Barret Kupelian, senior economist at PwC, comments on the latest Eurozone GDP data:
"Today’s flash estimate of Eurozone GDP growth for the last quarter of 2019 shows that the bloc grew at a rate of 0.1% quarter on quarter, which brings its average annual growth rate for last year to 1.2%.
This disappointing performance was not entirely unexpected, given that the Eurozone has been one of the economies most impacted by international trade disputes.
While we don’t have a full national breakdown of the headline growth rate, some statistical agencies released estimates of the national GDP growth rate. In France, the economy shrunk by 0.1% quarter-on-quarter. However, without the inventory effect French GDP would have grown by 0.3% quarter on quarter. The Italian economy contracted in the last quarter of 2019, meaning that it didn’t grow at all last year. But in contrast, Spain continued to grow in the fourth quarter, translating to an annual GDP growth figure of 2%.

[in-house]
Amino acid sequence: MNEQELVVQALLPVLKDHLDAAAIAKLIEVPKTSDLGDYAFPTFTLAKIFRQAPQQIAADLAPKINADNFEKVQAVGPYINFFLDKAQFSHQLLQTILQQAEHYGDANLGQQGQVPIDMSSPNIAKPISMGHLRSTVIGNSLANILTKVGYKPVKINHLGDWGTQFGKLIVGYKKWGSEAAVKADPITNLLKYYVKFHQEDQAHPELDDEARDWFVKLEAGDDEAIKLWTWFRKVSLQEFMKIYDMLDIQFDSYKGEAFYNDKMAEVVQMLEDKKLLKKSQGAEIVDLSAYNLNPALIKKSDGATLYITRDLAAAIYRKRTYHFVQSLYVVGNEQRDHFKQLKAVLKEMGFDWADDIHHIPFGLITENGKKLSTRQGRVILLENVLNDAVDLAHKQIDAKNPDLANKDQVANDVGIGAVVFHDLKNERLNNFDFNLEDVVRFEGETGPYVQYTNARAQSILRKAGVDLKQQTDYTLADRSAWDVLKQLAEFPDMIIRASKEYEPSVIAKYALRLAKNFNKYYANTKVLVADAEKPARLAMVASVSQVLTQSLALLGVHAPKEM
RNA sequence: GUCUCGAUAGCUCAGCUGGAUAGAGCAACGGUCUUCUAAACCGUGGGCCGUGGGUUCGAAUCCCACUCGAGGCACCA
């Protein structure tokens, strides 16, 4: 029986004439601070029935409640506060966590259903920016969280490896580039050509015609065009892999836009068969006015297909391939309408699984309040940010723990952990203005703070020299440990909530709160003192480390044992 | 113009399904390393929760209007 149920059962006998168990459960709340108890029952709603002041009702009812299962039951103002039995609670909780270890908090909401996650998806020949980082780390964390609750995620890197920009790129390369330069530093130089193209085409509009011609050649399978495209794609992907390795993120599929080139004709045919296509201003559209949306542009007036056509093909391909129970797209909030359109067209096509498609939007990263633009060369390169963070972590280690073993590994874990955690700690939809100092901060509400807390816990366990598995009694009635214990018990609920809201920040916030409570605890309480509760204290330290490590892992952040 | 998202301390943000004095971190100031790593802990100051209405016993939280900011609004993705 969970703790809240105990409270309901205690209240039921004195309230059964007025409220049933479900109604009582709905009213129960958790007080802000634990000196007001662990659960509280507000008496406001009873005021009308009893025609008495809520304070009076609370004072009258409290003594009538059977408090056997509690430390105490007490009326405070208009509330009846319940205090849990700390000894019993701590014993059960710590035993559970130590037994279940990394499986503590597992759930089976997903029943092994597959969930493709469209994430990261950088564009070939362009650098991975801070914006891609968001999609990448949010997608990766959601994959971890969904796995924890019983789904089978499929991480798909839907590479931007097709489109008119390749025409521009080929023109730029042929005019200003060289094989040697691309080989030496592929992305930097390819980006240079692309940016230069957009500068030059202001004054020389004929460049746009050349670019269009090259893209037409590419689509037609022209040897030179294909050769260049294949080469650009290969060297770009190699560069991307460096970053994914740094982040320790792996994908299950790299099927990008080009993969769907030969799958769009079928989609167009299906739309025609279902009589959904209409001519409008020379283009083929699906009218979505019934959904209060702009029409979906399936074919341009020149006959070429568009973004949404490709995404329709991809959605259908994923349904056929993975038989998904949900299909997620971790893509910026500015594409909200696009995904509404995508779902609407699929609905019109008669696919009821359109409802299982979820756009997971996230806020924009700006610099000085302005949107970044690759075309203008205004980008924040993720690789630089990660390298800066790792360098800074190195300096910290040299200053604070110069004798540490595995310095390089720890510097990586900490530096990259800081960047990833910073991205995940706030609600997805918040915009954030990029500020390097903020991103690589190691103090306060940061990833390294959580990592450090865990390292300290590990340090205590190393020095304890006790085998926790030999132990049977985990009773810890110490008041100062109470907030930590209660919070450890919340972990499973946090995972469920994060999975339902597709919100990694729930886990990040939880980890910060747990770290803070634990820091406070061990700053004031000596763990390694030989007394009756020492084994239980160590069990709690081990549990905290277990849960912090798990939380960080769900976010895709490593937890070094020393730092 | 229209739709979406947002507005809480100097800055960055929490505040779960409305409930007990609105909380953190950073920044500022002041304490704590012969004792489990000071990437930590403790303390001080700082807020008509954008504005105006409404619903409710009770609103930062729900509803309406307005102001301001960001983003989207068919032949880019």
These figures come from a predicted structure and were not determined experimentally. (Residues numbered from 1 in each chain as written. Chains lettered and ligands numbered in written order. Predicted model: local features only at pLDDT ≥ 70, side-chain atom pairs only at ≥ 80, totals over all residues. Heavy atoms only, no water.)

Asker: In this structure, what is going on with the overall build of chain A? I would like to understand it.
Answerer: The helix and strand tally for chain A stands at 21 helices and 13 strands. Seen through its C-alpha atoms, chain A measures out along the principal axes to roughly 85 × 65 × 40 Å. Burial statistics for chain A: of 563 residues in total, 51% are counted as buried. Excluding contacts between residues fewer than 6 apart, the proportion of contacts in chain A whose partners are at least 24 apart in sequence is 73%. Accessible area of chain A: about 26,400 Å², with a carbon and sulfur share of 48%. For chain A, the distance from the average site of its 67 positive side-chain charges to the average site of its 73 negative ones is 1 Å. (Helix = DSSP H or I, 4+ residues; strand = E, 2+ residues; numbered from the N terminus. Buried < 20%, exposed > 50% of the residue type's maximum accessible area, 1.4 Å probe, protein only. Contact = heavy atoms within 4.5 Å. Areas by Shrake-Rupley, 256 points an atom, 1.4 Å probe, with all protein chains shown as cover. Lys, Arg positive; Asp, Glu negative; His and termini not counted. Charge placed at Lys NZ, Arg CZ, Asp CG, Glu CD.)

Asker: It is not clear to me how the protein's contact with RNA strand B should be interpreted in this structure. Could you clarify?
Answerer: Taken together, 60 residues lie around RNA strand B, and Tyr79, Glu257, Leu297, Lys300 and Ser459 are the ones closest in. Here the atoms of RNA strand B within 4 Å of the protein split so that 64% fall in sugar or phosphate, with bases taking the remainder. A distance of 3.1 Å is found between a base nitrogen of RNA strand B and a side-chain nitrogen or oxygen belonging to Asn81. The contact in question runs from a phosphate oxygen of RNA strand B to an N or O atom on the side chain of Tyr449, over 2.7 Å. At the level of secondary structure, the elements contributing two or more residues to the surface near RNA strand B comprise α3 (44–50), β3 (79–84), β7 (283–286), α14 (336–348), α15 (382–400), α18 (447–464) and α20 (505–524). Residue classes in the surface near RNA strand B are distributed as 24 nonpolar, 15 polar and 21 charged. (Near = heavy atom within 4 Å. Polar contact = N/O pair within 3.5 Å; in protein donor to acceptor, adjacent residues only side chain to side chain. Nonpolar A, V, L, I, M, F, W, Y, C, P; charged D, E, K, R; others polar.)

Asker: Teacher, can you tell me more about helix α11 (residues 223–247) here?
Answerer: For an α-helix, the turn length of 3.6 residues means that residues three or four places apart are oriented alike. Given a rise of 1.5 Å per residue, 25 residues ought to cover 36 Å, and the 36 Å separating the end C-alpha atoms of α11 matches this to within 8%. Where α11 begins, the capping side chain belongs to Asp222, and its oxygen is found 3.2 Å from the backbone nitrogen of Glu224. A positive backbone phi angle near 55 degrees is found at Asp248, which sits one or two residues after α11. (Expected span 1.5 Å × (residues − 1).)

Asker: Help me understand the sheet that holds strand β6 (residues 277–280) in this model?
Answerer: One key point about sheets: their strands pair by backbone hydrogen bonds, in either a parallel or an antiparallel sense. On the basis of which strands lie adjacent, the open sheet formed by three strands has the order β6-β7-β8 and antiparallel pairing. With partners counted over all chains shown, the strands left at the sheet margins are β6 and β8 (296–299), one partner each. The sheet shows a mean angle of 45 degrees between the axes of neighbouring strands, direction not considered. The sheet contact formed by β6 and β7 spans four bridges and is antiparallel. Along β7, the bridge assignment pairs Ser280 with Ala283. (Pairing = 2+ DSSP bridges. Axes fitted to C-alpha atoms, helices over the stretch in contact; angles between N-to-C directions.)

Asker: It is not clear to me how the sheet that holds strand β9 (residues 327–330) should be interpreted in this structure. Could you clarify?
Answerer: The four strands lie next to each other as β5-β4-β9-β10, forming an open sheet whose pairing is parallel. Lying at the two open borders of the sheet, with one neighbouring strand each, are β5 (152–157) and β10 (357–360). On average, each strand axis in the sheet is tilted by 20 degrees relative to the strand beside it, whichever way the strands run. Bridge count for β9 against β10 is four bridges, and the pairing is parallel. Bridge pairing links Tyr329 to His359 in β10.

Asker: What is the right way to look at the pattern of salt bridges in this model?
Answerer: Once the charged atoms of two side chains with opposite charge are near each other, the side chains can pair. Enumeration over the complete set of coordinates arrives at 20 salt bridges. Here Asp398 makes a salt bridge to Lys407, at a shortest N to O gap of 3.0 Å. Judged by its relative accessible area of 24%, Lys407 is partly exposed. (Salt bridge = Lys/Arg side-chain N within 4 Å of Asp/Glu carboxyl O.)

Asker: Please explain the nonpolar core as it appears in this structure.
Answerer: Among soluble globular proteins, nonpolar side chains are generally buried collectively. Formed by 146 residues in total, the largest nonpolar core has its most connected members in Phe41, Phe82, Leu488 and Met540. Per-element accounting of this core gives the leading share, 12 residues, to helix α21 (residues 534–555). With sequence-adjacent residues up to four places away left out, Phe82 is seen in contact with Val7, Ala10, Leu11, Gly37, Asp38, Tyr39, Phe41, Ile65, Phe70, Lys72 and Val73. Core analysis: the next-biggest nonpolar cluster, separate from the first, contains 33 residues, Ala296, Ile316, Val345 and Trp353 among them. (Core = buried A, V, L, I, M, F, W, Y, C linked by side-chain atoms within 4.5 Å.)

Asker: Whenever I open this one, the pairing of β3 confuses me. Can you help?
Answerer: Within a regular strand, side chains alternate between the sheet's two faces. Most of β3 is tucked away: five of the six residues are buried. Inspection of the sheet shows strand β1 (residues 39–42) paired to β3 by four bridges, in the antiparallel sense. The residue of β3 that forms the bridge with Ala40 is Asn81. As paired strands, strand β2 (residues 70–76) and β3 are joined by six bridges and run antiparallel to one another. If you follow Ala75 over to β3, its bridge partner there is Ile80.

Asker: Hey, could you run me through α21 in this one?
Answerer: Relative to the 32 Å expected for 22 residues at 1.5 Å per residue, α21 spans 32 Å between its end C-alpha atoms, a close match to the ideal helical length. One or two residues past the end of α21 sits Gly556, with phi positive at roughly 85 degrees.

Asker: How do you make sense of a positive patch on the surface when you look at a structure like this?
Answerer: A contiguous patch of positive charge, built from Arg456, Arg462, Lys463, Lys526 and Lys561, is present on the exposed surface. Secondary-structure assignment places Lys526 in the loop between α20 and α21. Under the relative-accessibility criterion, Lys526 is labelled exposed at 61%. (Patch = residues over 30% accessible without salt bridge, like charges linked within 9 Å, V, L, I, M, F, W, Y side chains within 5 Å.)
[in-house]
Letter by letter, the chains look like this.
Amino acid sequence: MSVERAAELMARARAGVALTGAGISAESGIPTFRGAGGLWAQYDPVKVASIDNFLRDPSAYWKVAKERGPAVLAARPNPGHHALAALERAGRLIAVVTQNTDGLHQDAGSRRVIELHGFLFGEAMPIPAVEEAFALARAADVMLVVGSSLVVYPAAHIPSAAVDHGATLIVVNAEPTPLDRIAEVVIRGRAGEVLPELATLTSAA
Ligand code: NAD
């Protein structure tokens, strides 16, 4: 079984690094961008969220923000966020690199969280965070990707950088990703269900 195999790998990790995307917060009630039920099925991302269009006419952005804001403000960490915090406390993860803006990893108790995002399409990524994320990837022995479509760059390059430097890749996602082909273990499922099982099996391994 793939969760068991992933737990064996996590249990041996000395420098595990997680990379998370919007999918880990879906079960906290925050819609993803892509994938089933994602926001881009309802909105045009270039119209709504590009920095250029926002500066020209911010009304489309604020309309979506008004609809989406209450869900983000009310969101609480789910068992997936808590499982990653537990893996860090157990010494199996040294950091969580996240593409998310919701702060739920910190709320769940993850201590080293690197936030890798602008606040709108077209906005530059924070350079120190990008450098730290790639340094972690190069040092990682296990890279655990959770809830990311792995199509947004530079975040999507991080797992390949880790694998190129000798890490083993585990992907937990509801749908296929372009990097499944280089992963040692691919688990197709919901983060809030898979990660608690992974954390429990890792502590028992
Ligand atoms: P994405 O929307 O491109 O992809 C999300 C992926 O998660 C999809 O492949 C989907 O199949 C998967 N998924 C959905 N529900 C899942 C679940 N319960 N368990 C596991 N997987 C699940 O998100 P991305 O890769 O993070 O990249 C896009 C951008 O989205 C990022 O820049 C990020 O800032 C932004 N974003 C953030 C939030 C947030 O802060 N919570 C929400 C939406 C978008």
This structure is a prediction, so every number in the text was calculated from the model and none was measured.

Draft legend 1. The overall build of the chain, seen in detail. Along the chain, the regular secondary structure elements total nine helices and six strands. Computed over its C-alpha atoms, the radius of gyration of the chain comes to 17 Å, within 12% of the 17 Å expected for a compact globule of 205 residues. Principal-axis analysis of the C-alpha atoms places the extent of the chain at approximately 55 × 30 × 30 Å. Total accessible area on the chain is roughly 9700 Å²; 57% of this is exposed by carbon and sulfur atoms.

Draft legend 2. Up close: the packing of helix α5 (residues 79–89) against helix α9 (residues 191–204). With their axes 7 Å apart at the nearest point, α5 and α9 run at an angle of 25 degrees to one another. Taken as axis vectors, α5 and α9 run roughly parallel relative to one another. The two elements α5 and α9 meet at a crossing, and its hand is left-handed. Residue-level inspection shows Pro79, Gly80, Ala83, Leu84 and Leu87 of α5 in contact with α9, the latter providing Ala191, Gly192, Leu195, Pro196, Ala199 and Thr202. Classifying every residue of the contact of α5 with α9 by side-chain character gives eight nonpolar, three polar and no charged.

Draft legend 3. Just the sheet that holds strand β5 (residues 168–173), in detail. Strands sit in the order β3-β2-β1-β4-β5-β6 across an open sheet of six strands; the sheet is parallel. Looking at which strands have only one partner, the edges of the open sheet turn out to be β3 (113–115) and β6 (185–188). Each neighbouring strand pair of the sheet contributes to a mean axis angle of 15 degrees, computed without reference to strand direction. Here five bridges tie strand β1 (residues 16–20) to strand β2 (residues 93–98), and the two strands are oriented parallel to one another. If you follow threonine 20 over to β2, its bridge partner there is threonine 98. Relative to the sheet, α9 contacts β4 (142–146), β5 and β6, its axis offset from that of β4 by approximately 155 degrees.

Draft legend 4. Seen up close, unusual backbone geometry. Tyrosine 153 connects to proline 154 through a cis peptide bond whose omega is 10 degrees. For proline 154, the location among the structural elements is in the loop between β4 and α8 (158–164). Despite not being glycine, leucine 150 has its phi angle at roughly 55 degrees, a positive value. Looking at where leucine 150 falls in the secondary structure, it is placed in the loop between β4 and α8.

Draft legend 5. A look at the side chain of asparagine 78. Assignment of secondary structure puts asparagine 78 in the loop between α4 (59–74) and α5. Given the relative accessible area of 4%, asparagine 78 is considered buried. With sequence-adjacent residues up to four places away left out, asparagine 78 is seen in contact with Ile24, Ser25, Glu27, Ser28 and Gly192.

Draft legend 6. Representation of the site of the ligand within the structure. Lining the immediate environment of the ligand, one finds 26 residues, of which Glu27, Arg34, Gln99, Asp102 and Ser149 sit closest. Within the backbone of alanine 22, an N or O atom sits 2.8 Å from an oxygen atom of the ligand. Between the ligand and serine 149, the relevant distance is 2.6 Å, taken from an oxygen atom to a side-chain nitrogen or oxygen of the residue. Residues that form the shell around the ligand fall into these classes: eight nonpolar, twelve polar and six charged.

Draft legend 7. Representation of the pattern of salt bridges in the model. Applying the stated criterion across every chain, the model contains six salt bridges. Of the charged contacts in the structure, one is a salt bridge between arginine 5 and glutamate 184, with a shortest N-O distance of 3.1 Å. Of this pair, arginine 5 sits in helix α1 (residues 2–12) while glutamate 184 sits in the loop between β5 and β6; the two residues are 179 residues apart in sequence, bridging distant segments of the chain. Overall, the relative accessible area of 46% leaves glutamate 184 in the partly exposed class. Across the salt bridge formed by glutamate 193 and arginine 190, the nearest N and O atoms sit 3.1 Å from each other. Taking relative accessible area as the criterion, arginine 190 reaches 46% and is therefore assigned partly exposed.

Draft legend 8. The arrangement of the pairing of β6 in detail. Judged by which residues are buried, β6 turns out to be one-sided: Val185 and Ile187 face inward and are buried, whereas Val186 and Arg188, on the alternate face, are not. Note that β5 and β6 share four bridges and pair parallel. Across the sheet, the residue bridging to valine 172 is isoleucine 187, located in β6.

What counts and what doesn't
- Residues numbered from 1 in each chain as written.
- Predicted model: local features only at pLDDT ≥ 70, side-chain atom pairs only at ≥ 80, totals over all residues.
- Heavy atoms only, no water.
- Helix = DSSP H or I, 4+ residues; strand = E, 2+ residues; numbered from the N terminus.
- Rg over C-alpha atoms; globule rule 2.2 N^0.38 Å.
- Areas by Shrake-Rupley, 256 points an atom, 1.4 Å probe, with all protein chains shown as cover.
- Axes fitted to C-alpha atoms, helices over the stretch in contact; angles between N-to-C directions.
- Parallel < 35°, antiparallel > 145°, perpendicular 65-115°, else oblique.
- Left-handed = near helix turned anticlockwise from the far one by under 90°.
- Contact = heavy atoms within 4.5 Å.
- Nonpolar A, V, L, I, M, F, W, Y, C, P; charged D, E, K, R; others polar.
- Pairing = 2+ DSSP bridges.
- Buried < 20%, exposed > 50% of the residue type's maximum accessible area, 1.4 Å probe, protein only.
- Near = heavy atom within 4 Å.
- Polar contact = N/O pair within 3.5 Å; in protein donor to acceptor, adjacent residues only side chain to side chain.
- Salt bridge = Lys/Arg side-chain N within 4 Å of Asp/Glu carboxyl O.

What does this mean about the Eurozone’s recent performance relative to the UK? The chart below compares the Eurozone’s economic performance relative to the UK, centred on the second quarter of 2016. Based on this measure, the Eurozone economy continues to outperform the UK mainly because the latter missed out on the synchronised upswing in economic activity in 2016/17."
Source: PwC analysis of Refinitiv data
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